On a freezing Wednesday last week a group of intrepid Pinkies made their way through biting winds to Glaziers Hall on the south bank of the Thames by London Bridge. The date was the 1st February and our mission was to sing in the start of LGBT History Month in Southwark.
This was one of many events taking place across the country, that day and over the coming month, celebrating the lives and histories of lesbian, gay, bisexual and transgender people – ordinary and extraordinary – who have left their mark on the history of Great Britain and Northern Ireland. LGBT History Month has become a fixture on the Pink Singers’ calendar since its launch in 2005, and we have watched it grow and reach out to people everywhere.
It was my fourth time singing at this event and for me it was special for a number of reasons. It was our first gig after our big winter concert and a real tonic to the bleak weather, bills and New Year’s resolutions that I’d already broken. Not only was it a chance to get a shot of Pinkie magic during our post-season break, but also a great opportunity to catch up with other Pinkies over a couple of sweet sherries in a very cosy pub after the show.
I always find smaller gigs challenging as we usually don’t know the venue, where we’ll be performing, how close we’ll be to the audience or how many will be there, and this was no exception. In addition to all that, I was singing the solo in Sit Down You’re Rockin’ The Boat….. gulp! It had been performed brilliantly by Larry in our concert two weeks earlier, and was my first solo performance (not in the shower) for nearly 20 years! With our lovely Alice at the helm for a solo conducting flight across an entire gig and me not wanting to cause a crash of any sort, I was feeling the pressure somewhat.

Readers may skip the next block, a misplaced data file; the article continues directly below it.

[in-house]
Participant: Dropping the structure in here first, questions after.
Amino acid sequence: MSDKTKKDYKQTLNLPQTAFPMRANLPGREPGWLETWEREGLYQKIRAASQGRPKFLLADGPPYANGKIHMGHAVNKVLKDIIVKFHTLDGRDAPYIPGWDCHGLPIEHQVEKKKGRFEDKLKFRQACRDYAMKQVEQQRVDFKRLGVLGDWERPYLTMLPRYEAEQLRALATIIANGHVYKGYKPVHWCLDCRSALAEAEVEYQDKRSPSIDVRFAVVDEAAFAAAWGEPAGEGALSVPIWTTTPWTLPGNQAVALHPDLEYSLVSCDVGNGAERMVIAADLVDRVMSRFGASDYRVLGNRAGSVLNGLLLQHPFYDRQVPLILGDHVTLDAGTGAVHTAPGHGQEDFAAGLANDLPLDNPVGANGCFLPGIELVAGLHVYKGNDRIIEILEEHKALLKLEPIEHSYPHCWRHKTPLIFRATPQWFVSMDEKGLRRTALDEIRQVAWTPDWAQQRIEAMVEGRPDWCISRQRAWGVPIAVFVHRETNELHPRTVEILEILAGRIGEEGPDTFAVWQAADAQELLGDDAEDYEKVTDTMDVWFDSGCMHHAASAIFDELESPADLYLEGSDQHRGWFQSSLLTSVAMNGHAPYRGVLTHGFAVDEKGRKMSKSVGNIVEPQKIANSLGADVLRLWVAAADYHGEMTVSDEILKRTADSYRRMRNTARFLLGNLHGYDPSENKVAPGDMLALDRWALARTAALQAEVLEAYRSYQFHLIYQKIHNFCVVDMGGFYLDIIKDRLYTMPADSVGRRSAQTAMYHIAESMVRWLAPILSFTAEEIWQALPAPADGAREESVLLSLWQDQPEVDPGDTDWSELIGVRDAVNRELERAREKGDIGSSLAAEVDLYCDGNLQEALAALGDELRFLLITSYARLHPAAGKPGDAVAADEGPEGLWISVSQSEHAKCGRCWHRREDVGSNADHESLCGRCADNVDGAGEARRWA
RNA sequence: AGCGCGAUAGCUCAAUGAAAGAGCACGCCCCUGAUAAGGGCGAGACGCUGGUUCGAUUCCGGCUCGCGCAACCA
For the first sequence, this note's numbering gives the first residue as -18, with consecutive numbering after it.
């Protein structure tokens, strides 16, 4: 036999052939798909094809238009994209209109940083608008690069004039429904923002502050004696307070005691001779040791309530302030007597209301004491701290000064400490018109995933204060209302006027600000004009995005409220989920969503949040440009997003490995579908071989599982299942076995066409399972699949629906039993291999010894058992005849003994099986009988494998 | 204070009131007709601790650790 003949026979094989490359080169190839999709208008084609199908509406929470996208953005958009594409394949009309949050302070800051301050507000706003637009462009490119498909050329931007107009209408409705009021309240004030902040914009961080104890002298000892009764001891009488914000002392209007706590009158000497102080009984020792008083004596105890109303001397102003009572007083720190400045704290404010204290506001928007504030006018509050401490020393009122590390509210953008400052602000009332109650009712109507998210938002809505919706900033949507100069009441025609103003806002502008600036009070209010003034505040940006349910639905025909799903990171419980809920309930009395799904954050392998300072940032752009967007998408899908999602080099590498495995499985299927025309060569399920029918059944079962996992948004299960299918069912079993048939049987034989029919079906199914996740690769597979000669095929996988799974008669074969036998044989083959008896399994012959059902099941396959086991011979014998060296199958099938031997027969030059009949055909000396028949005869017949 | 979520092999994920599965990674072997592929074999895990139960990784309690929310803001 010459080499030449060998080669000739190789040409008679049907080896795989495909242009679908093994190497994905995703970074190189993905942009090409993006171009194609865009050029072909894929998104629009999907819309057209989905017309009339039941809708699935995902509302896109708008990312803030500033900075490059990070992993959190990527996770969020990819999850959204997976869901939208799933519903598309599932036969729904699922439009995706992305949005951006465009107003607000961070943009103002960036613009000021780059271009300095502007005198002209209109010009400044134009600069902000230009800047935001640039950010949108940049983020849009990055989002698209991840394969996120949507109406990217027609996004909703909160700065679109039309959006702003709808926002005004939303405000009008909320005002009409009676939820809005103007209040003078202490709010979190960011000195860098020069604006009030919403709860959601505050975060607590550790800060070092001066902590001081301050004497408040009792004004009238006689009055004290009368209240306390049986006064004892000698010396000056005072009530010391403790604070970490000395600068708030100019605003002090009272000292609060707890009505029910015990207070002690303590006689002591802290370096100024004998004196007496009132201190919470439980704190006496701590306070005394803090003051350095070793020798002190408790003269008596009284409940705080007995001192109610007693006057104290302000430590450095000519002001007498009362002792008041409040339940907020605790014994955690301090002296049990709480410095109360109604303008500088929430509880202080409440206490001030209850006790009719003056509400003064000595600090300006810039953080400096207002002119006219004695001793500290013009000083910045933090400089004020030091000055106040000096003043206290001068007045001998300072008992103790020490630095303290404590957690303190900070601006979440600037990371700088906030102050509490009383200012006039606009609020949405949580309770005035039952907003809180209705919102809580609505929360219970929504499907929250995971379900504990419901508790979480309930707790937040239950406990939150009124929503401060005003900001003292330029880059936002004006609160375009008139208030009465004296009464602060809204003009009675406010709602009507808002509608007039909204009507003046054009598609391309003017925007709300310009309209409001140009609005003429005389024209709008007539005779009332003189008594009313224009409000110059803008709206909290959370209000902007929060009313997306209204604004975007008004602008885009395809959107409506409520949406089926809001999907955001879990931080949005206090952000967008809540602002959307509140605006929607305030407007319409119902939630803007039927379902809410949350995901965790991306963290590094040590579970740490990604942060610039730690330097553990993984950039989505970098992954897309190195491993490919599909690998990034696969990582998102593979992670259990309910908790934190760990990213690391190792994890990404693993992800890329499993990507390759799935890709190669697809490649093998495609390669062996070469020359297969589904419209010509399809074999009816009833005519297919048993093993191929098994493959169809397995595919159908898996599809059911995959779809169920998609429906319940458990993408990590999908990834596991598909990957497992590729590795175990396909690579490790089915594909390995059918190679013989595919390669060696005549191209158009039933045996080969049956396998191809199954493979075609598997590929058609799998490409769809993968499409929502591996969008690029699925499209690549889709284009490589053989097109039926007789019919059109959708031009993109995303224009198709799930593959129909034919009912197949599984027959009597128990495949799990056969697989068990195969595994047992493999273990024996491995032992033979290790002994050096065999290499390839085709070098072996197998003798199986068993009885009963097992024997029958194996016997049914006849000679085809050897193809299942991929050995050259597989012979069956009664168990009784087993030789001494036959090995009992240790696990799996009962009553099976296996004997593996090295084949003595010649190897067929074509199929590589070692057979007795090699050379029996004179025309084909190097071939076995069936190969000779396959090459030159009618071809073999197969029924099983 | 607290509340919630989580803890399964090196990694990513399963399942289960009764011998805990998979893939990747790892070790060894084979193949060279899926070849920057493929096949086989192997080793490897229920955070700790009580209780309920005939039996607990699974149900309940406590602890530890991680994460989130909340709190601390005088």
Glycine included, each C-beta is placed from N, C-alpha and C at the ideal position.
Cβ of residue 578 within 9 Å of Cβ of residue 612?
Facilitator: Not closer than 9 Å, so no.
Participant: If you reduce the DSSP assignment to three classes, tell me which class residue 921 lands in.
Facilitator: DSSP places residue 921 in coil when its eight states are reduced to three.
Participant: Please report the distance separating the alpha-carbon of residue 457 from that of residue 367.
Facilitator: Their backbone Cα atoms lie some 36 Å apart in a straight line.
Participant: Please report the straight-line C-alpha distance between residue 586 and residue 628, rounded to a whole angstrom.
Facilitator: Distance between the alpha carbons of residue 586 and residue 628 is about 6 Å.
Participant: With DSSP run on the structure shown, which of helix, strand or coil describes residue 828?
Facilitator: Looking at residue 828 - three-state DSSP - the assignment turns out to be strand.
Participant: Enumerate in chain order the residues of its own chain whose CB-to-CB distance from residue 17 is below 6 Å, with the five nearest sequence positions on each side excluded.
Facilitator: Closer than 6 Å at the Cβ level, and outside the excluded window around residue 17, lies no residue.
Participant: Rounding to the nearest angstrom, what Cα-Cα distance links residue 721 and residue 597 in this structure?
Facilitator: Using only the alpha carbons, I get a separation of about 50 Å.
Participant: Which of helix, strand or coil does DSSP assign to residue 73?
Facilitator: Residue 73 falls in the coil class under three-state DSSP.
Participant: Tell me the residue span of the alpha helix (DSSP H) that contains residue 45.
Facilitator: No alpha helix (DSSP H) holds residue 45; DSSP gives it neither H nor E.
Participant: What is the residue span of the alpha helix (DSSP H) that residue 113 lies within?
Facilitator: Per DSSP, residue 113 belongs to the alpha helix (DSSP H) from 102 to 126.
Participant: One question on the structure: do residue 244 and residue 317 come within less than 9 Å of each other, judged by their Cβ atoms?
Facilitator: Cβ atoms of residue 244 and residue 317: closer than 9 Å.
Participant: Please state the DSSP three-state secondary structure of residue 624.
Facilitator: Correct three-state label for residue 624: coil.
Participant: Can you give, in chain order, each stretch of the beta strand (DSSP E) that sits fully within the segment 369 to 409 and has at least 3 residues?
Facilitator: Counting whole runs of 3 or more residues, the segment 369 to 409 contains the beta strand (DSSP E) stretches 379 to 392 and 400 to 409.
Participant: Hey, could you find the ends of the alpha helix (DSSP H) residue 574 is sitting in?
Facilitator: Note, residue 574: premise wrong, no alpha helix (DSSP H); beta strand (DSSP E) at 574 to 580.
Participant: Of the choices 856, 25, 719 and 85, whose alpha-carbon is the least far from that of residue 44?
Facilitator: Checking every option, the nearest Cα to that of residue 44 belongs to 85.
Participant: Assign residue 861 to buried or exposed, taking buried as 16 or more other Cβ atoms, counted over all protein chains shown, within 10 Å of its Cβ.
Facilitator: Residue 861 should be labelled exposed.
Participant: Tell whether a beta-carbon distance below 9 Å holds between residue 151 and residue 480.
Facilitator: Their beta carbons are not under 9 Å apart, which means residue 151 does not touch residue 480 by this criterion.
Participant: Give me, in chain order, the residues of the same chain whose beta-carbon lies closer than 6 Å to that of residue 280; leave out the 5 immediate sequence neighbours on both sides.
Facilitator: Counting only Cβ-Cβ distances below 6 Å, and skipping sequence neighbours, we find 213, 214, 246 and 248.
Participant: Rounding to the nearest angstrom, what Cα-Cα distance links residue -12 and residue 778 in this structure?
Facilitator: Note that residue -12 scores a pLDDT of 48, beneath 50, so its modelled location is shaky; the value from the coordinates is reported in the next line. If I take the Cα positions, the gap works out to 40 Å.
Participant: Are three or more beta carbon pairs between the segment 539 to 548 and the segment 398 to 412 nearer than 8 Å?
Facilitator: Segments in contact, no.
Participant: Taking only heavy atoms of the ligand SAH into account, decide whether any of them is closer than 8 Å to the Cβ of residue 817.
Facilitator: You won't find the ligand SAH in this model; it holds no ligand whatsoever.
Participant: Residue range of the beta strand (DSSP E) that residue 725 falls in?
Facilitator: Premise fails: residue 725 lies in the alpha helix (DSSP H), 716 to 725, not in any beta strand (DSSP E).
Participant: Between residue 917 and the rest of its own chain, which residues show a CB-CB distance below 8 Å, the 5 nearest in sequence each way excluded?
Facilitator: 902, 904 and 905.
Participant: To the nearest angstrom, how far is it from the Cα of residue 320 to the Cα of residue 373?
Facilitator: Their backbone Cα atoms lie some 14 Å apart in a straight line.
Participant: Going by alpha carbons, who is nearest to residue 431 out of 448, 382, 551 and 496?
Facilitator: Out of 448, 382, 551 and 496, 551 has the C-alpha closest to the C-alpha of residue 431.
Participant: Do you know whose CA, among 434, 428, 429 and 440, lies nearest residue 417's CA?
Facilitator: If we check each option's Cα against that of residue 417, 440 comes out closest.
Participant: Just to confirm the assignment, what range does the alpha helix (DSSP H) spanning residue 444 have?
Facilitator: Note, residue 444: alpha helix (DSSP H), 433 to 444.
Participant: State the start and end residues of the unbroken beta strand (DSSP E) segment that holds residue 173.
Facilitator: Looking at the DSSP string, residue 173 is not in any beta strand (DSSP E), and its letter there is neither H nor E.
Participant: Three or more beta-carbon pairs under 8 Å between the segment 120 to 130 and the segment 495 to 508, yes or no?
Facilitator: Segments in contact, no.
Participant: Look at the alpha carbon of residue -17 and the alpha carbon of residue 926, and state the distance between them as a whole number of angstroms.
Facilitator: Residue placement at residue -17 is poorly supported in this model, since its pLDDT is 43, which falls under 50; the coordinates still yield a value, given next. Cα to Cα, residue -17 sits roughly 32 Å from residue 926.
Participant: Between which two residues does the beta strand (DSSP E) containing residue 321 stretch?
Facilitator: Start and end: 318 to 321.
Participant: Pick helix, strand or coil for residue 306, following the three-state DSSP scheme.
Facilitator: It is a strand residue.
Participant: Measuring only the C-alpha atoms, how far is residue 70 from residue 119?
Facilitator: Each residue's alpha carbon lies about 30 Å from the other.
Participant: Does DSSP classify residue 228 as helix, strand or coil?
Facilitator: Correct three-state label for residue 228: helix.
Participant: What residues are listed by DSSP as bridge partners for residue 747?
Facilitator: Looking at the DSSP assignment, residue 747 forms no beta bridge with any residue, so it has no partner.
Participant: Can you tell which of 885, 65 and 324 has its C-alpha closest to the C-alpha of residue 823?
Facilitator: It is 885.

I’m not sure which is worse and I’ve experienced both – the gigs we do in cavernous town halls where we are up on a huge stage looking down on the audience who are just a tiny dot in the distance, or the ones where we are actually in the front row with them, on their laps! Well, this one was the latter and it was quite an experience for them and us.
When the time came I think I can safely say that we managed to pull it out of the bag and gave a performance that, although it may not go down in Gay History, was worthy of the Pink Singers and certainly gave our audience something to warm to on a very cold February night.
As we exited stage left and made our way to that cosy pub I mentioned, we were congratulated by Peter Tatchell who said his favourite part of our performance was the basses ‘bums’ in Constant Craving. Now there’s a compliment!